Safe, prudent, non-invasive methods that require the excavator to manually determine the actual location of a facility are considered “safe excavation practices” in a majority of state/provincial laws. A majority of states outline safe excavation practices to include hand digging and/or pot holing. Some states specifically allow for the use of power excavating equipment for the removal of pavement. Each state/province must take differing geologic conditions and weather-related factors into consideration when recommending types of excavation within the tolerance zone.

Reference:

Existing state laws, including Arizona, New Hampshire, Pennsylvania, and others


PROPOSAL 2c – Updates to 2-3

2.3 Identifying Existing Facilities in Planning and Design

Practice Statement:

Designers indicate existing underground facilities on drawings during planning and design.

Practice Description:

During the planning phase of the project, existing facilities are shown on preliminary design plans. The planning documents include possible routes for the project together with known underground facility information. The various facility owners/operators are then given the opportunity to provide appropriate feedback. During the design phase of the project, underground facility information from the planning phase is shown on the plans. If information was gathered from field-located facilities, potholing, underground facility surveys, or subsurface utility engineering, this is noted on the plans. The designer and the contractor both know the quality of the information included on the plans. If an elevation was determined during information gathering, it is shown on the plan. The facilities shown include active, abandoned, out-of-service, and proposed facilities. The design plans include a summary drawing showing the proposed facility route or excavation, including streets and a locally accepted coordinate system. The plans are then distributed to the various facility owners/ operators to provide the opportunity to furnish additional information, clarify information, and identify conflicts.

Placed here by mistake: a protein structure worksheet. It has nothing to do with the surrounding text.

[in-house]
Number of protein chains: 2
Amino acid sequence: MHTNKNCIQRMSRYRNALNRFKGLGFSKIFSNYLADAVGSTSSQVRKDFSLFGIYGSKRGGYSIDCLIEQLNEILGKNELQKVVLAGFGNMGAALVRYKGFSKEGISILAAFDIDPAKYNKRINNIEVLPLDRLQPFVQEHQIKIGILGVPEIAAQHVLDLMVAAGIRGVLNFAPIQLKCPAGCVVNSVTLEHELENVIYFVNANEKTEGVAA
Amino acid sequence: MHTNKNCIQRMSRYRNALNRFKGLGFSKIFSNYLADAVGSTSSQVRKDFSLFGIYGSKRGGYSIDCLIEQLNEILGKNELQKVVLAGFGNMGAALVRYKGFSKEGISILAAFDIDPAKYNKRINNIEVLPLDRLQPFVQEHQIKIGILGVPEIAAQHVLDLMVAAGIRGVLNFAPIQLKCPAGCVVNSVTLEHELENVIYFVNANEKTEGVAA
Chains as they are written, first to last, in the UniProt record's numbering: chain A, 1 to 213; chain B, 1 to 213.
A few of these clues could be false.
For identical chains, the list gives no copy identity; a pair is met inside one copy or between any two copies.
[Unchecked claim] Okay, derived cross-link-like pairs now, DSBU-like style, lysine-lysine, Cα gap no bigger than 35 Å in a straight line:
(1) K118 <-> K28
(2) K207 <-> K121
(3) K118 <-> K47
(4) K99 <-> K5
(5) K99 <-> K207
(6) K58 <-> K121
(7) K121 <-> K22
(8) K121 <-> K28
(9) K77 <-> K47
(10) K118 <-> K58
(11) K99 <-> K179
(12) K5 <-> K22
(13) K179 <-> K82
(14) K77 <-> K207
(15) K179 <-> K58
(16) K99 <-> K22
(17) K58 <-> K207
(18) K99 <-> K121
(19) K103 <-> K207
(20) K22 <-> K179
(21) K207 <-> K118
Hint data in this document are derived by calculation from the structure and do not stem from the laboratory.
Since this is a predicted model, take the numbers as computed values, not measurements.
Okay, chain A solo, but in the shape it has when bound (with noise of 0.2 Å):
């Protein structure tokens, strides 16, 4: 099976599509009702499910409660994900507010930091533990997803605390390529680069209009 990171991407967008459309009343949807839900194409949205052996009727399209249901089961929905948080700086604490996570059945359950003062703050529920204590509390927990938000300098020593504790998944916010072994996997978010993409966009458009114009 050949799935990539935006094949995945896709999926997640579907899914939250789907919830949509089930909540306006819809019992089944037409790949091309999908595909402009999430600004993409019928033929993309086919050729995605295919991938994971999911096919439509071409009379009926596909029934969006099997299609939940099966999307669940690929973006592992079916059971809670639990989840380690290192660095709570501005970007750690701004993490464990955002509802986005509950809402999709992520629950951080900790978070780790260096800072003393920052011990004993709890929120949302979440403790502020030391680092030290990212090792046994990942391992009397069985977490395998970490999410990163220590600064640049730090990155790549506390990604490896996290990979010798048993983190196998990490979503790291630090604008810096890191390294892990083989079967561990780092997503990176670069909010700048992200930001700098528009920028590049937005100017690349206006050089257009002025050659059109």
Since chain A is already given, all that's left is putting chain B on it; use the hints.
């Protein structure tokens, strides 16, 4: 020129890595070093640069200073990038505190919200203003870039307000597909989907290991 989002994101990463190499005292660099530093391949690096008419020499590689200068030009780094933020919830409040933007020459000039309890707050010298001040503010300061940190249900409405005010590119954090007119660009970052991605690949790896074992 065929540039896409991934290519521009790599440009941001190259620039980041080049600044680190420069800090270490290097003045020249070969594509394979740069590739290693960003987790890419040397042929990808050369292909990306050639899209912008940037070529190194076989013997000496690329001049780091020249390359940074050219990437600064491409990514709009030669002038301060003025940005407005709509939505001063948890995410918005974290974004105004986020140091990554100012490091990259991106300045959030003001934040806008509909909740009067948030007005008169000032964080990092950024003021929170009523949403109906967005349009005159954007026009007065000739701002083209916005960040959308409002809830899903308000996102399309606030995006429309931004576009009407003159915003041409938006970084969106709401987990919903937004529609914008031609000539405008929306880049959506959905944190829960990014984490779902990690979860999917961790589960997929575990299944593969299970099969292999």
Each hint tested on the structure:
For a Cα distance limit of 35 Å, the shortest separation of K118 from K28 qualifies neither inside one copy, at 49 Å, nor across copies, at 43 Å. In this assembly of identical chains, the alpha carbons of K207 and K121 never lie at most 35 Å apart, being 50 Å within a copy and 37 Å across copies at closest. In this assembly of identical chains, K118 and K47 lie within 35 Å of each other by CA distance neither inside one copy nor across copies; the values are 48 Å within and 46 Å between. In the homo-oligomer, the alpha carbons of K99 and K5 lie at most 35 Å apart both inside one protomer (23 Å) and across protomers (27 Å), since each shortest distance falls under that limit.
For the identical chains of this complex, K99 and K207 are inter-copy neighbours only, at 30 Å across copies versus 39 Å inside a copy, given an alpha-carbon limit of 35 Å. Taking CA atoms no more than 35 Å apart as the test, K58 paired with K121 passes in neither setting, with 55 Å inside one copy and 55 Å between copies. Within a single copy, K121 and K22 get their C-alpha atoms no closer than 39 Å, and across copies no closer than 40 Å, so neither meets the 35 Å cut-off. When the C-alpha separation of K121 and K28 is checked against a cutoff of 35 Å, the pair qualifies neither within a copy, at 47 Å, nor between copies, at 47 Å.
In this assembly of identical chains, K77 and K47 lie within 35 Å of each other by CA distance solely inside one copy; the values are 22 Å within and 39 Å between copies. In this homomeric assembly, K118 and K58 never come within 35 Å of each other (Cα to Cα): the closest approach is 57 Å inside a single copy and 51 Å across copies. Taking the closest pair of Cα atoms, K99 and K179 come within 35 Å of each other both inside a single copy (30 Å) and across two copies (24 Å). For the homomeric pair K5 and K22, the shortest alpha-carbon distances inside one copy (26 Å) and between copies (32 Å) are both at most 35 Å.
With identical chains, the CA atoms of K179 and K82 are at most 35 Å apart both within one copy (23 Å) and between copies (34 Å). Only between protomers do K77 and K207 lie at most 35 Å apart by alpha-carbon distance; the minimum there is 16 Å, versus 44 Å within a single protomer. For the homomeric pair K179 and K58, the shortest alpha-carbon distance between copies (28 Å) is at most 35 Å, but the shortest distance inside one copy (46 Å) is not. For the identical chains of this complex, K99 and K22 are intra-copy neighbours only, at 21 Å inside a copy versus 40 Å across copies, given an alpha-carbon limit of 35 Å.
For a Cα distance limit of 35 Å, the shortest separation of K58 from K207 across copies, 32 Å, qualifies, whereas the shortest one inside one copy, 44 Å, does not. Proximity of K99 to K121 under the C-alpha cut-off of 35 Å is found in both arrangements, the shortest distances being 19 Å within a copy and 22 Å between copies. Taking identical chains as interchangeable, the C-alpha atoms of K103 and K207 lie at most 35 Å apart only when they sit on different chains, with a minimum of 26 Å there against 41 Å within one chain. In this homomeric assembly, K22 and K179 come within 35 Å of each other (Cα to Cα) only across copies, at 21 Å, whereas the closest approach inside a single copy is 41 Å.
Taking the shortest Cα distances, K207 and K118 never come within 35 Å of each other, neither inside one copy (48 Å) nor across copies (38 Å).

Benefits:

Providing complete underground facility information and including this information on design drawings reduces hazards, simplifies coordination, and minimizes the cost to produce the final project.